Casual e-mails tell chilling story of market fixes

Associated Press
A view of Barclay's headquarter at London's Canary Wharf financial district, Thursday, June 28, 2012. Barclays PLC and its subsidiaries will pay about 453 million US dollars to settle charges that they tried to manipulate interest rates that can affect how much people pay for loans to attend college or buy a house. Britain's Barclays is one of several major banks reportedly under investigation for such violations. (AP Photo/Lefteris Pitarakis)
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A view of Barclay's headquarter at London's Canary Wharf financial district, Thursday, June 28, 2012. Barclays PLC and its subsidiaries will pay about 453 million US dollars to settle charges that they tried to manipulate interest rates that can affect how much people pay for loans to attend college or buy a house. Britain's Barclays is one of several major banks reportedly under investigation for such violations. (AP Photo/Lefteris Pitarakis)

LONDON (AP) — The e-mails sound casual: Dude reaching out to dude, begging for favors and offering rewards ranging from coffee to fine champagne.

But what the bankers were allegedly doing was as serious as it gets: fixing an interest rate that affects the cost of half a quadrillion dollars — that's $554 trillion — in financial contracts around the world, from mortgages to loans.

U.S. and British investigators say the employees of Barclays Bank — and possibly those of other major international banks — clearly knew it was wrong to manipulate the London interbank office rate, known as the LIBOR, which determines the rate at which banks lend to each other and, by extension, the rate at which they lend to consumers and businesses.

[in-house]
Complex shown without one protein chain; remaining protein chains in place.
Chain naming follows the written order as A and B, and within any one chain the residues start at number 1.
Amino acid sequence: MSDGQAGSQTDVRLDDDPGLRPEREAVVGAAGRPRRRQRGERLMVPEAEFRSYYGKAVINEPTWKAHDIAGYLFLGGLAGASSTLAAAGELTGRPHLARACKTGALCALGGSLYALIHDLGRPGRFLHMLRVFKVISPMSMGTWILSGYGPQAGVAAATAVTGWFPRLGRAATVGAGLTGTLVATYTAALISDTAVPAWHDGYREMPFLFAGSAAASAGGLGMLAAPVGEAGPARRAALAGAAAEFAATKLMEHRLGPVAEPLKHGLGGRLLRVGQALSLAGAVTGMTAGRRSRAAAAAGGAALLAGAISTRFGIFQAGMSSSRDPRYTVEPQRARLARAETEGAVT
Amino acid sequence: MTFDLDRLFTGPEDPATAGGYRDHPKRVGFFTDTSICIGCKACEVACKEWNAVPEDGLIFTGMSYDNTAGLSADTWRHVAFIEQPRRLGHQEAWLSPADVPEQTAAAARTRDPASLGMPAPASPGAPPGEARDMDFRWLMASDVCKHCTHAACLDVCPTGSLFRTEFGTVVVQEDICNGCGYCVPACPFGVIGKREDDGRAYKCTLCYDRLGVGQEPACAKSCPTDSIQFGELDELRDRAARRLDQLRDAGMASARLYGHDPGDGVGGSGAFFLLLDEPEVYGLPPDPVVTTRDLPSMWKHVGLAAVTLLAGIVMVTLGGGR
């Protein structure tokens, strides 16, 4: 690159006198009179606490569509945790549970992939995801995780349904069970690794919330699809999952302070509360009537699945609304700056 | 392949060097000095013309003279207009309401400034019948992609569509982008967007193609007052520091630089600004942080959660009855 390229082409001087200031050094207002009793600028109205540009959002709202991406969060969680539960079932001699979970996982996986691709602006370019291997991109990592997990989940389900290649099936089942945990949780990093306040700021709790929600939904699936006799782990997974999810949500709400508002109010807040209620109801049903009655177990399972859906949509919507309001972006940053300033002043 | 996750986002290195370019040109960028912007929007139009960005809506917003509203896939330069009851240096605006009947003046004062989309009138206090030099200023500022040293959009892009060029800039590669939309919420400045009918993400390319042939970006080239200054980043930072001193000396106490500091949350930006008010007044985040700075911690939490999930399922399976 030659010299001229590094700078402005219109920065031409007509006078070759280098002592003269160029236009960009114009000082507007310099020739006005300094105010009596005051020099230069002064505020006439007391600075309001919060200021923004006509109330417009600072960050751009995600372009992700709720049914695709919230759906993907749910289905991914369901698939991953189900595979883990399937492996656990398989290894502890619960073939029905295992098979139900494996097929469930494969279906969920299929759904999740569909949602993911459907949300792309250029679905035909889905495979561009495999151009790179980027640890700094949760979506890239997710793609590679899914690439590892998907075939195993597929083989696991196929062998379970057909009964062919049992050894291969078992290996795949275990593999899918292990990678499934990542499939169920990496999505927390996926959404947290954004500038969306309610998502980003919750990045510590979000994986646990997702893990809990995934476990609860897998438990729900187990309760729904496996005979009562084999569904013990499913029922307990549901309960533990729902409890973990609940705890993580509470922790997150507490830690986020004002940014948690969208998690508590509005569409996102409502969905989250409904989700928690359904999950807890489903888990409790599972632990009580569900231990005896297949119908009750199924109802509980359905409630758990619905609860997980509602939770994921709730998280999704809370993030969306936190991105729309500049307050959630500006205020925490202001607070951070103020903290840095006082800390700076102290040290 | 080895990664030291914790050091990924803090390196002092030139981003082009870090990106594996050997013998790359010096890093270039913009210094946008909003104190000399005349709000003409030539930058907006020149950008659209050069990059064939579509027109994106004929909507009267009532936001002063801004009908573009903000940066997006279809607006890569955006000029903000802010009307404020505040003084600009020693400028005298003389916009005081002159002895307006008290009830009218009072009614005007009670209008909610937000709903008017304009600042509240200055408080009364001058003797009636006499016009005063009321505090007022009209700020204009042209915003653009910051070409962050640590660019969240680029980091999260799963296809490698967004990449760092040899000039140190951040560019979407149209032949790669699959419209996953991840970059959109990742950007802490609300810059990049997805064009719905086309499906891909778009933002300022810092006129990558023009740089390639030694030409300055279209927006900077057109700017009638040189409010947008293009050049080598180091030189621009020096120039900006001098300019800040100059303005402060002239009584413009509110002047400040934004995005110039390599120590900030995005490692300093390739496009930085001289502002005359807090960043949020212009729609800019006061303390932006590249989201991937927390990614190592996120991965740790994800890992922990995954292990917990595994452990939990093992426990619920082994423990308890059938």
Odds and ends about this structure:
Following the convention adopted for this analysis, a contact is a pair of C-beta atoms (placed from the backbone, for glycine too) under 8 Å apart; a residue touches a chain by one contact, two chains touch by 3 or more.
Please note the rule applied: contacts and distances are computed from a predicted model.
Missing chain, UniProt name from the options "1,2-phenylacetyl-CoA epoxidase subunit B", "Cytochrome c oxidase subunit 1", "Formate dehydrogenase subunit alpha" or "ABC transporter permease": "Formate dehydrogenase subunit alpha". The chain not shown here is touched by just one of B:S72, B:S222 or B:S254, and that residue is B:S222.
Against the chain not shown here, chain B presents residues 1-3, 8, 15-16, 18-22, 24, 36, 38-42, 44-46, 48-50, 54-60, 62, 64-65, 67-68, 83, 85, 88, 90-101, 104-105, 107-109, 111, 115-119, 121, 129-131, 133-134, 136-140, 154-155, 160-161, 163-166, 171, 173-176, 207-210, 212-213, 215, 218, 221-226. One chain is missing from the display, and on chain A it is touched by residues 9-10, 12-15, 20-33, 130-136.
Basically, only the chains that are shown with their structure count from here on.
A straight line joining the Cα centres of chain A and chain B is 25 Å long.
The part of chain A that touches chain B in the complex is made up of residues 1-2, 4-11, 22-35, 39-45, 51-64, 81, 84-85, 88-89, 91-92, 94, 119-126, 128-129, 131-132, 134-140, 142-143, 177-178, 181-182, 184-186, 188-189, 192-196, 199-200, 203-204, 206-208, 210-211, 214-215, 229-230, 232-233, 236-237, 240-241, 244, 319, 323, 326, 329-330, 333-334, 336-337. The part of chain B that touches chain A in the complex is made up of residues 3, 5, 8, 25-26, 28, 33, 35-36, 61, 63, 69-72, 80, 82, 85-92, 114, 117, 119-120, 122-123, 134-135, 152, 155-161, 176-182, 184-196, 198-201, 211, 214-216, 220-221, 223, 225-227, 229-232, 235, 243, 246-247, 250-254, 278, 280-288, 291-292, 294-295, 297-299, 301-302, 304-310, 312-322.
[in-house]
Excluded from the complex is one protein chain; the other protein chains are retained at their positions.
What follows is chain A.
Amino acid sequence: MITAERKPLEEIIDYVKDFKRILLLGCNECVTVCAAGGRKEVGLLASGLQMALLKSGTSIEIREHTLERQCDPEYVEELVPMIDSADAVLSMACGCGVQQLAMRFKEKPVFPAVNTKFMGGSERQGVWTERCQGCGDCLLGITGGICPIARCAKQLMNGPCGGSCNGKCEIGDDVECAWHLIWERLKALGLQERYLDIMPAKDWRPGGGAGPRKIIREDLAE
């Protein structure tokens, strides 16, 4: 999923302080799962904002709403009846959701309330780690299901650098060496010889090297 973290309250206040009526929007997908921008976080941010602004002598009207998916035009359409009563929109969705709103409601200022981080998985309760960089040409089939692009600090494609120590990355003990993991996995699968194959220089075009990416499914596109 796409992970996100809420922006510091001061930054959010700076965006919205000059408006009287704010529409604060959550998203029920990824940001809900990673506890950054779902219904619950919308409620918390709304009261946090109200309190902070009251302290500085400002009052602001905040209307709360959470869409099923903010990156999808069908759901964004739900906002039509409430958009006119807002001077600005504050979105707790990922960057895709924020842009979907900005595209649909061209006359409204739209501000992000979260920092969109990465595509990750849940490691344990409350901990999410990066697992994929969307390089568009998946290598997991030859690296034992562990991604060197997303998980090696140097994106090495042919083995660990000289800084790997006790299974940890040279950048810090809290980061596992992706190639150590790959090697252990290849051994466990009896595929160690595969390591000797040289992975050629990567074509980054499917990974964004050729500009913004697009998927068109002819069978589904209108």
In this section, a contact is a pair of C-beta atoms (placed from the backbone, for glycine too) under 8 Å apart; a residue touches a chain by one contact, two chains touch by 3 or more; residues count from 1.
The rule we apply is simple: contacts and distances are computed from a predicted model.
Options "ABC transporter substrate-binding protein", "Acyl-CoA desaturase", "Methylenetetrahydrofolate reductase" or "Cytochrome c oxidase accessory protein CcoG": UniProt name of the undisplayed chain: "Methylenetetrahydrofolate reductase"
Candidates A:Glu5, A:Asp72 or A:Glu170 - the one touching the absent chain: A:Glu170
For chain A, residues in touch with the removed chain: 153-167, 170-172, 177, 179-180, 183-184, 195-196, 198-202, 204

The rate is calculated daily by the British Bankers' Association, based on lending rate figures submitted by global banks. Some of Barclays' staff, however, allegedly succumbed to the temptation to adjust the figures in a bid to boost profits or disguise financial weaknesses.

One trader messaged a colleague about helping to influence the three-month LIBOR.

"As always, any help wd be greatly appreciated," the trader wrote.

"I am going 90 altho 91 is what I should be posting," came the reply.

The trader responded: "When I retire and write a book about this business your name will be written in golden letters."

"I would prefer this not be in any book!" came the answer.

And yet it did appear — not in a book, but in court papers that led to fines totaling $453 million against the bank. U.S. and British officials are considering criminal charges against individuals and British investigators are probing other major banks including Citigroup in the United States, Switzerland's UBS, Britain's HSBC and Royal Bank of Scotland.

The scandal has added fuel to public anger at the banking industry, whose executives face mounting accusations of being overpaid and unethical. Shares in Barclays plummeted 15.5 percent on Thursday as investors worried about the impact of fines any tighter regulation. The British Bankers Association confessed to being "shocked" at the accusations.

"One of the reasons London is a major international financial center is because of the perceived emphasis on trust and integrity in the London market," said Simon Culhane, chief executive of the Chartered Institute for Securities & Investment. "This scandal can only serve to damage London's reputation."

Treasury chief George Osborne said the messages cited by the Financial Services Authority read like "an epitaph to an age of irresponsibility."

"These contracts may sound exotic, but they are the bread and butter of our financial system and are used by businesses and public authorities every day, and they affect the mortgage payments and loan rates of millions of families and hundreds of thousands of firms, large and small," Osborne said.

To the traders, those rates affect whether they win or lose.

"Duuuude. whats up with ur guys 34.5 3m fix . tell him to get it up!" another trader implored a contact at another bank.

"If it comes in unchanged I'm a dead man," another trader messaged to a colleague, who promised to "have a chat." Barclays' rate duly came in lower, and the trader sent a thank-you note: "Dude. I owe you big time! Come over one day after work and I'm opening a bottle of Bollinger."

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